So on Tuesday, Alberta Primetime did a feature on whether bonuses should be given to public servants. Kevin Taft was on arguing against. This isn’t about that.
But Taft mentioned at least twice that part of the compensation a public servant receives is the knowledge that they are providing a valuable service to society and thus they would be willing to accept a lesser compensation pay package than private sector folks.
[Note I’m restricting myself to public sectors employees, not elected officials or appointees.]
Really? Does that seem naive to anyone but me? I once had an argument with a drunken lout who expressed the same view. Admittedly I was drunk myself at the time.
First (of possibly many objections), Providing a service to society is certainly one of the attractions of public service (at least it was for me.) But for many folks it may not be the primary one. Like any job providing a stable income for the family is often paramount. Other drivers to public sector life might be job stability (normally), a pension, consideration for work/life balance (less lately). Should we force anyone with a different priority into the private sector? Shouldn’t we encourage multiple personal values with the public sector to allow for diversity?
Next, Isn’t it possible that folks in the private sector feel they are bringing value to society too? Are we arguing that we should pay people less if they are useful? I mean, gah, just gah! The whole idea of an invisible hand (not that I’m a huge proponent) is that the free market in itself is of benefit to society…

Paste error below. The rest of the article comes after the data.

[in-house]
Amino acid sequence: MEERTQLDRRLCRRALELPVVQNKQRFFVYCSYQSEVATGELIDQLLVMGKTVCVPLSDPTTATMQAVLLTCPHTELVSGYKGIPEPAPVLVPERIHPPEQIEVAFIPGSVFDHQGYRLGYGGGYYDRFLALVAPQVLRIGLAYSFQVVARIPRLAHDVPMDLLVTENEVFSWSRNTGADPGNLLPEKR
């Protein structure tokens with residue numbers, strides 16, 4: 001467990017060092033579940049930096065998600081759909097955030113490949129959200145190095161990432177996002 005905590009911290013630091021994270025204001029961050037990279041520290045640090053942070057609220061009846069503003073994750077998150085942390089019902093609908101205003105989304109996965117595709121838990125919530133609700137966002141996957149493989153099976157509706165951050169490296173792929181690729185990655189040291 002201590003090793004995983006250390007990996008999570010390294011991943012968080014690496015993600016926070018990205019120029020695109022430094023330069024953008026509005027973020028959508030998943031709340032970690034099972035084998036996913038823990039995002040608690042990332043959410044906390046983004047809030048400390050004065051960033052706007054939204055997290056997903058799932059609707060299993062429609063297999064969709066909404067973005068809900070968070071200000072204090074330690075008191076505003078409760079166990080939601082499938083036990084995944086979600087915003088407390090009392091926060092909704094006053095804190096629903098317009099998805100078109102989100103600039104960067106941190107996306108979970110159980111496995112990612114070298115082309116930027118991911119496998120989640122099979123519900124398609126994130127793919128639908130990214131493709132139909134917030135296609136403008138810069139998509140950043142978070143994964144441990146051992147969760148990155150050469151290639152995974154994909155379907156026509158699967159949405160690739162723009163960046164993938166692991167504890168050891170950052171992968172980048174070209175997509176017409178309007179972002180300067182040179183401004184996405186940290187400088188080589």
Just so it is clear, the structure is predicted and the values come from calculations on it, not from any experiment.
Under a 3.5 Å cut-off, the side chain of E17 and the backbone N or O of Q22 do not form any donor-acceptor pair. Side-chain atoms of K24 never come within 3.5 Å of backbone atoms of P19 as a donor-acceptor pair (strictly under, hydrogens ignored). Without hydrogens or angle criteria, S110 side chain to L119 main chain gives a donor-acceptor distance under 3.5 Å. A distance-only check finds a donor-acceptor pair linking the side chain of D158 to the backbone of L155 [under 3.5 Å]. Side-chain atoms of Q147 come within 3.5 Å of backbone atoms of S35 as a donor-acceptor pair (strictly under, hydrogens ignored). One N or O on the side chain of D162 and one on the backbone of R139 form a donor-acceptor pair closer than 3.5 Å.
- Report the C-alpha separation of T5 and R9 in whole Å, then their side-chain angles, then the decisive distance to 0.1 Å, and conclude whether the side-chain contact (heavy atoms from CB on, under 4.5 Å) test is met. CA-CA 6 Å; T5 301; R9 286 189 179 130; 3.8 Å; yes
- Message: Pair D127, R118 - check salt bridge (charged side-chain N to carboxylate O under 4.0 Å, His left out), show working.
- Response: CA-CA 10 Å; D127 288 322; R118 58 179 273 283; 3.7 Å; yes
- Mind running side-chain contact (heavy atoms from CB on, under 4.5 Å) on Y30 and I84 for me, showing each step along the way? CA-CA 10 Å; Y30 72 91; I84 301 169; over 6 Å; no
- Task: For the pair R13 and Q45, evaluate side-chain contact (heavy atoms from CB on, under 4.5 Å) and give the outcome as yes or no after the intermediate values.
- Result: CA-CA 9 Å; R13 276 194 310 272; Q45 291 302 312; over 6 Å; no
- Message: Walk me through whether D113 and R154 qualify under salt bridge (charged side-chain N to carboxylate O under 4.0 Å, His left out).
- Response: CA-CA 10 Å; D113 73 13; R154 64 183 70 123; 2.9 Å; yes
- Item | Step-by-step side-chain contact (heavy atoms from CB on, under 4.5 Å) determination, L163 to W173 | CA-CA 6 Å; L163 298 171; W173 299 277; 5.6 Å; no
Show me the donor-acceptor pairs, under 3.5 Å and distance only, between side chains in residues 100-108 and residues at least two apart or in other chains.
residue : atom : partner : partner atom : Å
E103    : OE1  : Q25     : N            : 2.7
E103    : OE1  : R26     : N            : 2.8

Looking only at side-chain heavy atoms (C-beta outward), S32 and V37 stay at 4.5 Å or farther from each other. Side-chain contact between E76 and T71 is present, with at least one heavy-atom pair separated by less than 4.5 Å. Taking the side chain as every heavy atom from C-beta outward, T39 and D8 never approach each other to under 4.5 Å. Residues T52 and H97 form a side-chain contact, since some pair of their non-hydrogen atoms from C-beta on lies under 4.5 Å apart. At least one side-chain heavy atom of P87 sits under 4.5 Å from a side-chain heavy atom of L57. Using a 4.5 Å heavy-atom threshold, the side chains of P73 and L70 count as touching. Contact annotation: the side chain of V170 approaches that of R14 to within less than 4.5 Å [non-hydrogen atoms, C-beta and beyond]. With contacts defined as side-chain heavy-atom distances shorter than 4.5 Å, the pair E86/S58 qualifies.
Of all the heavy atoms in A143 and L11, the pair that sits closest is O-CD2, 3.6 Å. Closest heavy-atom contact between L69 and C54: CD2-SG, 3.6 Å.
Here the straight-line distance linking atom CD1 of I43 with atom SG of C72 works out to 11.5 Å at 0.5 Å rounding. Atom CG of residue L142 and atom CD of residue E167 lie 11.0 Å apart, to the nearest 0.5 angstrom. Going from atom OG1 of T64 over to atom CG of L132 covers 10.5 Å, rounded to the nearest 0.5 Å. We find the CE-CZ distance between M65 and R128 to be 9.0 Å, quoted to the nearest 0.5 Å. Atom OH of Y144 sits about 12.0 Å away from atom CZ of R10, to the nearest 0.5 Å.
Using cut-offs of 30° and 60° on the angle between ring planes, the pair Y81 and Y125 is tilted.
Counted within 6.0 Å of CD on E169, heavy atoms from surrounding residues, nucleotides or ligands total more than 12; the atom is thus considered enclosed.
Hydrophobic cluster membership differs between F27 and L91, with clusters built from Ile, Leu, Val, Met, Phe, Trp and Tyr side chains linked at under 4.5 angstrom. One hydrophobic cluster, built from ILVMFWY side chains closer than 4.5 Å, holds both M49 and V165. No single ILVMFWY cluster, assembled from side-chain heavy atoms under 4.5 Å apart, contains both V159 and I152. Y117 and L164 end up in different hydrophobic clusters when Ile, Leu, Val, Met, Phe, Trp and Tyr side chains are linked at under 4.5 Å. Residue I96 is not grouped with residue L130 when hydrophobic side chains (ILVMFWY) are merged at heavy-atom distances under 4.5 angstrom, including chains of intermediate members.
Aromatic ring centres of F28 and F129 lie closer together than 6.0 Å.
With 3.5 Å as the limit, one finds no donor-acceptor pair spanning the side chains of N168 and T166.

And, at a certain point maybe pay doesn’t incentivize folks. But I can tell you what deincentivizes people – seeing someone doing a very similar job to them in another company and being paid more.
Fourth, the public sector must compete with the private sector for skill sets. Even in a purely outsourced model (some day a post there), the Gov’t has a responsibility to plan and to audit the suppliers. They have a responsibility to provide consultation to the elected officials. They don’t want to recruit those skill sets from only those with low pay expectations. (maybe a role of the state post someday too – that would be controversial).
Should a government hand out bonuses? That is tricky. Should the government offer compensation that is competitive with private sector? I think yes. How that compensation should be competitive can be tricky because it isn’t just an apples to apples comparison between the two sectors, but that needs to be the goal. Assuming that the folks would volunteer to do their jobs and that pay is itself a bonus is fool hardy and can only lead to misguided decisions.